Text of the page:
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TESTED: Is Renault’s seven-seat Triber the bargain it appears to be?

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Priced from R177 900, the Renault Triber is South Africa’s cheapest seven-seat people mover.

Renault's seven-seat Triber

Johannesburg – As one widely circulated nugget of wisdom states, if something appears too good to be true, then it probably is.

As a buyer seeking an affordable seven-seater, you might have similar suspicions about the new Renault Triber. At face value, it appears to be the bargain of the century.

Priced from R177,900 (although our high-spec Prestige model came in at R202,900), the Triber is South Africa’s cheapest seven-seat car. Measuring just under four metres in length, it has a similar footprint to the Datsun Go+. However, although the Triber base model only undercuts the equivalent Datsun by around R4,000, it is a more practical and versatile vehicle, thanks to a 200mm-longer wheelbase and a more flexible seating arrangement.

Despite tallish MPV dimensions, the Triber actually looks quite good for a minivan, with a chunky, almost SUV-like design that’s fairly easy on the eye. It’s available in some funky colours too, including the striking Honey Yellow hue, as well as Electric Blue and Fiery Red. 

For a cheap people mover, the Triber certainly doesn’t look humdrum.

But the main pièce de résistance of this Indian-built French wagon is its flexible seating arrangement, unmatched at the price.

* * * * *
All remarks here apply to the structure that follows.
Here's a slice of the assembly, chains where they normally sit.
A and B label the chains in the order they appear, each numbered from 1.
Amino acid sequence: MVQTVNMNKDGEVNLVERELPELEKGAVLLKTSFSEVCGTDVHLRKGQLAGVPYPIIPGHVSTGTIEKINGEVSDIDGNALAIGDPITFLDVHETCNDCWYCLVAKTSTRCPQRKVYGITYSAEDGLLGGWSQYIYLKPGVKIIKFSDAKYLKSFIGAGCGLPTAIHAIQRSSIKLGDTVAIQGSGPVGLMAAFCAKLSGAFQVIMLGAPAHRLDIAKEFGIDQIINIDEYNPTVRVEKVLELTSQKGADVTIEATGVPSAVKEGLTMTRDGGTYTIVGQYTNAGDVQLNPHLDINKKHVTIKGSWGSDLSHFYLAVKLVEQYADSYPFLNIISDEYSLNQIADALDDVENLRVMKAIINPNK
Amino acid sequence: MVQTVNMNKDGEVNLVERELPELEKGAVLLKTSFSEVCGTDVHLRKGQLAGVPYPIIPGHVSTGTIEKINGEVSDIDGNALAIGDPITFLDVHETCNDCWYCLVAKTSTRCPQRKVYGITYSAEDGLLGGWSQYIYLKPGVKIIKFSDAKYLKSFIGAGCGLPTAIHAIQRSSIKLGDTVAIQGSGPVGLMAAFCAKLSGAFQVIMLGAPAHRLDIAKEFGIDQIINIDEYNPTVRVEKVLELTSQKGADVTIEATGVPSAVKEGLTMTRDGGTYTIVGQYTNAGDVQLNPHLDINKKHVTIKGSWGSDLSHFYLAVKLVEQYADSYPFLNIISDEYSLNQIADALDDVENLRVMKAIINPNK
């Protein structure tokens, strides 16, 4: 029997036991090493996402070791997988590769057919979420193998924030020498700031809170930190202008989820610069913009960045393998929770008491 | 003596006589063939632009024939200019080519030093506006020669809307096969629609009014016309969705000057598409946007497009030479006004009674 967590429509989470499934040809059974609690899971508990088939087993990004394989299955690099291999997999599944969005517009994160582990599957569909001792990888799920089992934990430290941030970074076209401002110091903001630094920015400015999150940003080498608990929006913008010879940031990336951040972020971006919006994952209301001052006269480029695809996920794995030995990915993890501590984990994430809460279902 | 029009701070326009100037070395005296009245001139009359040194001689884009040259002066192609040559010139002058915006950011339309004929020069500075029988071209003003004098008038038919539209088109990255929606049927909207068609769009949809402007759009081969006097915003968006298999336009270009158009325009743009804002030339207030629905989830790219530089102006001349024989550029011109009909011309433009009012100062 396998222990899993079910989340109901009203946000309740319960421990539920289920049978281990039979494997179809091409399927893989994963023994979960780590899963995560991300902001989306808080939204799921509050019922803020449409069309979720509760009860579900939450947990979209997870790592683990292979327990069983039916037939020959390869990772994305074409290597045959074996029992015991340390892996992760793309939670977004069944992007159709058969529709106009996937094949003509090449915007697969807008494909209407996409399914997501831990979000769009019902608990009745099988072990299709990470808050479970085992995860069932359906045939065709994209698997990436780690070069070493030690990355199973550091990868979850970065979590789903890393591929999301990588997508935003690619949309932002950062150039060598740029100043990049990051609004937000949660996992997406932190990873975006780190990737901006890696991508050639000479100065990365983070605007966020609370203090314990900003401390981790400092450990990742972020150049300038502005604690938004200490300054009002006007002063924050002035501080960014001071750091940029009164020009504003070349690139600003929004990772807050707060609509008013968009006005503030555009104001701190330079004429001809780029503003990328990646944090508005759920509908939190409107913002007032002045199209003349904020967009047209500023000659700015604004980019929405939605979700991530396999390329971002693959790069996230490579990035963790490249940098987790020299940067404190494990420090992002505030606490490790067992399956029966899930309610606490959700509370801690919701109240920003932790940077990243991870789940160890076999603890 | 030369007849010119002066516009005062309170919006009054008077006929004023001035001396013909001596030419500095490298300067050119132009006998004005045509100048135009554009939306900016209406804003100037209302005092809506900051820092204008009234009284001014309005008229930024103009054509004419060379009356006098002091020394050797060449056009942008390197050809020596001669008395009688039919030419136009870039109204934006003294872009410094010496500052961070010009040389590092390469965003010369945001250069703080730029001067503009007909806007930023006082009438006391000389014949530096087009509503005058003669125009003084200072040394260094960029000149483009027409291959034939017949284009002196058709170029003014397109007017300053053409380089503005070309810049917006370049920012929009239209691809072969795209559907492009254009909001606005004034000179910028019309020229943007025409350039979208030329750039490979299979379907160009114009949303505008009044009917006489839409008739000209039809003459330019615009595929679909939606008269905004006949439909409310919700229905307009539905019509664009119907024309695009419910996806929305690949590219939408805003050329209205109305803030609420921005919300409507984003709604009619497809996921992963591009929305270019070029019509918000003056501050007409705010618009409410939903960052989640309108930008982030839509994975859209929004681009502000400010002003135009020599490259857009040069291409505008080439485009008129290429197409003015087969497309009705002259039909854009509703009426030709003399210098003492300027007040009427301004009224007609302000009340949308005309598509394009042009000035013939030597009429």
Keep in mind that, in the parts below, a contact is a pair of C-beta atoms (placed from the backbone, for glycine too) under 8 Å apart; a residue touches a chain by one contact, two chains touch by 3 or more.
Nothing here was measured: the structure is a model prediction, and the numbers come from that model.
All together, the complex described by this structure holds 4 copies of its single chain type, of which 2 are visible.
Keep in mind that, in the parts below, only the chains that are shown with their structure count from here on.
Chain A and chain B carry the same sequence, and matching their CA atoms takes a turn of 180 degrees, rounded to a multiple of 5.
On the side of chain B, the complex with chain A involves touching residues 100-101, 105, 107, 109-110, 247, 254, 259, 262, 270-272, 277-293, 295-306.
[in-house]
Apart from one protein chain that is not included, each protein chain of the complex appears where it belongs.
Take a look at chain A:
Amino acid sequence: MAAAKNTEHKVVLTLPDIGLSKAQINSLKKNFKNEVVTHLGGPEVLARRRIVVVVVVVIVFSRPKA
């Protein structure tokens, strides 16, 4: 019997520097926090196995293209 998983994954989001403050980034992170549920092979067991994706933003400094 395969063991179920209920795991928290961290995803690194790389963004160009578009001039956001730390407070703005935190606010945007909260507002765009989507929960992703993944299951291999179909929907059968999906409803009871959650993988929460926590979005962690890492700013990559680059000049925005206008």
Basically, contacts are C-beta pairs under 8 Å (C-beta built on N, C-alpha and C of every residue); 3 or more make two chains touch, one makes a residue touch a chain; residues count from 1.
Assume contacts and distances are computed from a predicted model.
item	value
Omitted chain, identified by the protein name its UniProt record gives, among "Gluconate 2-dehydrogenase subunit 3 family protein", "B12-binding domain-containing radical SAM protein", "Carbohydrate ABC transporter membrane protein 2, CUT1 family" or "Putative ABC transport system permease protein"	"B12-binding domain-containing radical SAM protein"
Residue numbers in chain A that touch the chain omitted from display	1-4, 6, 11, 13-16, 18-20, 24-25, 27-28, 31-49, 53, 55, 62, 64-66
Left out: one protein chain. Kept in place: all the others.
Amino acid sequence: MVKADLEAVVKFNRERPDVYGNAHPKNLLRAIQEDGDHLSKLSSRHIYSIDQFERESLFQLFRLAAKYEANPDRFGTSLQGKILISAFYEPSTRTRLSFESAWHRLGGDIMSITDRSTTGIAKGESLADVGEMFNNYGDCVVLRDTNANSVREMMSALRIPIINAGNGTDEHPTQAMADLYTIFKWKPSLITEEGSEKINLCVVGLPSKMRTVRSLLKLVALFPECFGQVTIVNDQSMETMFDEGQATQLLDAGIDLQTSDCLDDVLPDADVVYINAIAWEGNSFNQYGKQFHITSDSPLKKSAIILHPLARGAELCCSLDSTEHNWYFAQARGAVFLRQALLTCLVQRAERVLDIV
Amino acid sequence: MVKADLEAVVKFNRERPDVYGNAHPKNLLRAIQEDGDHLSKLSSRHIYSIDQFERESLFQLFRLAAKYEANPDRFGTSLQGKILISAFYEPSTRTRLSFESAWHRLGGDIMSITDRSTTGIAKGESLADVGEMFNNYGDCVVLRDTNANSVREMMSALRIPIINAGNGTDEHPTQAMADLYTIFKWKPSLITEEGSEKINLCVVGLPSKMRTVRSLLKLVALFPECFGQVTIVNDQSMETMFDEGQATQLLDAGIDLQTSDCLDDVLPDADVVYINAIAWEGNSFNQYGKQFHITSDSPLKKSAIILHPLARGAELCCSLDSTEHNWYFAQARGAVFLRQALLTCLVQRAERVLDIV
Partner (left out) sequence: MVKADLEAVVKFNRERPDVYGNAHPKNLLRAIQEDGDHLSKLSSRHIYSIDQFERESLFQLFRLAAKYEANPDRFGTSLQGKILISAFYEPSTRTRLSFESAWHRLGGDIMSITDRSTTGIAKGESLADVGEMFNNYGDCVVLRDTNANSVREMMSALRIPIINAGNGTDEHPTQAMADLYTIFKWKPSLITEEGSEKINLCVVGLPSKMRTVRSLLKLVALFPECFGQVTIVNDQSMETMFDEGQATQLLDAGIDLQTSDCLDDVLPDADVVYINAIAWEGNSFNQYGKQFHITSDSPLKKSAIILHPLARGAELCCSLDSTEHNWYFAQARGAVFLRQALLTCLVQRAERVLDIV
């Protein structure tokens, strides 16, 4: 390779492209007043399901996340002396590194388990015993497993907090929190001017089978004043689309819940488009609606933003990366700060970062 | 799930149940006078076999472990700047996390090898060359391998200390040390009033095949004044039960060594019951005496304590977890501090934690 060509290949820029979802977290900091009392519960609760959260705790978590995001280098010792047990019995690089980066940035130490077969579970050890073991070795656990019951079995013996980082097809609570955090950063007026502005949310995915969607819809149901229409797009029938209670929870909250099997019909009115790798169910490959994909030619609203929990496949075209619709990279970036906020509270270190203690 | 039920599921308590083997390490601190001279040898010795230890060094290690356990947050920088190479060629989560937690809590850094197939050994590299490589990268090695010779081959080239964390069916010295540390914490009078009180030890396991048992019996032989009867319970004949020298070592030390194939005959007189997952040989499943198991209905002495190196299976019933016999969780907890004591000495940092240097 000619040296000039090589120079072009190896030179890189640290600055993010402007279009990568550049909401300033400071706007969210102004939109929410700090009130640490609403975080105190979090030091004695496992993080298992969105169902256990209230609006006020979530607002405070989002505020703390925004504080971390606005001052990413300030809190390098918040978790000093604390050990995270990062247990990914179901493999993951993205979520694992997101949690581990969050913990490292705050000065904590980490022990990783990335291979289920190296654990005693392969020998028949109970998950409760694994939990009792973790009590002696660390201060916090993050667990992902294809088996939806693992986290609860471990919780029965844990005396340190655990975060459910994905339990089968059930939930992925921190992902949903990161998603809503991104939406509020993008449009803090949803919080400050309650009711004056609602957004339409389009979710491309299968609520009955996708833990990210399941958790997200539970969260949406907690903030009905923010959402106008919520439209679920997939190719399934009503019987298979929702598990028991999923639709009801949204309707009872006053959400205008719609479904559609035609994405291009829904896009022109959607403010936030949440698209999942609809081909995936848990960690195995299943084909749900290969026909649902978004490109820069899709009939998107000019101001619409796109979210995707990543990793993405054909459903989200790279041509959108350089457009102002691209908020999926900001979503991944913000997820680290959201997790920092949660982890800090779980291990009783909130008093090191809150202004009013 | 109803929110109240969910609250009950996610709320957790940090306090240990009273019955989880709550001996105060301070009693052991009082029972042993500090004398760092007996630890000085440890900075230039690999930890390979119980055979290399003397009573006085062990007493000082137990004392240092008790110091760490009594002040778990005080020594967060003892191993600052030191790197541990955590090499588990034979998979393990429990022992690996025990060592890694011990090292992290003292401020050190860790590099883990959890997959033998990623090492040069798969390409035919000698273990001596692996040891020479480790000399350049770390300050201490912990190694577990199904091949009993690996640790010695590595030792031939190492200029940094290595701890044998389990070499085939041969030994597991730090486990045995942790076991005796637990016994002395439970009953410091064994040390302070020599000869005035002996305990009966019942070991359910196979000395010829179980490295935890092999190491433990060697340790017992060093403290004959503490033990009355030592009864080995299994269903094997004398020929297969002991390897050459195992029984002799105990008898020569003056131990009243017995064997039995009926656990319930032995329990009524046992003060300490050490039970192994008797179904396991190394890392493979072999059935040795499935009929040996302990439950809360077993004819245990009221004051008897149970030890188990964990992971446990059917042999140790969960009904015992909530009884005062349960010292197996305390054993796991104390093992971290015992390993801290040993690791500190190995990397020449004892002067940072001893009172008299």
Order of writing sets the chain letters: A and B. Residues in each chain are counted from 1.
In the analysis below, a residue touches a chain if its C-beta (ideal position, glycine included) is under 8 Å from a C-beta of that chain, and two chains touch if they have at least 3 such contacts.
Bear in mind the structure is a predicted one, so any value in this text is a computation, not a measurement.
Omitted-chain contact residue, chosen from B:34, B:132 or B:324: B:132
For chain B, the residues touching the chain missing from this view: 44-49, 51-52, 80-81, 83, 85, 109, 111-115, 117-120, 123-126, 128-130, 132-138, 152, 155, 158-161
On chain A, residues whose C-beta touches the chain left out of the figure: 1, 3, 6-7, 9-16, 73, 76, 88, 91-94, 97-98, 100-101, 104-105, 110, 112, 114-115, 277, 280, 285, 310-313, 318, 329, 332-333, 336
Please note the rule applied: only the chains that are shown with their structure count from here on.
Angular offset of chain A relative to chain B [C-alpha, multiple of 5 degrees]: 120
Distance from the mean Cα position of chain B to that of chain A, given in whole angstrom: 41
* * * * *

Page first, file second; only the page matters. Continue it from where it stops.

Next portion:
There is seating for seven if you’re willing to give up the boot, which is the case with pretty much any compact MPV, but as you’d also expect in this segment, it’s not going to comfortably swallow seven rugby props for a 1,000km journey. For that you’ll need a Volvo XC90, which costs six times more.

What impressed us was the flexibility of the seating arrangement. The third row is cramped, but thankfully the middle-row seats slide back and forth, so those occupants can give up a bit of their space to even things out. When the back seats are not in use, you can fold, tumble or completely remove them, and with the third row out of the way you have a substantial 625-litre boot.

We were also impressed by the fact that the second row seats can recline, meaning that when there’s no one in the back row, rear seat occupants can catch a bit of shut eye on long journeys.

Overall cabin quality is acceptable for an entry-level vehicle, but some of the surfaces do imply cost cutting. You can feel that this car was built to a low price, but Renault has made a reasonably decent effort to create a modern ambience in the cabin.

All in all, the Triber is an impressively versatile vehicle for those seeking the kind of flexibility that a modern seven-seater affords.

But it’s when hitting the road that the Triber’s downsides start becoming apparent.

The only engine option at this stage is a normally aspirated 1-litre, three-cylinder petrol unit that produces just 52kW and 96Nm. That would be just fine in a small budget hatchback, but as we’ve mentioned, the Triber is a fairly big vehicle.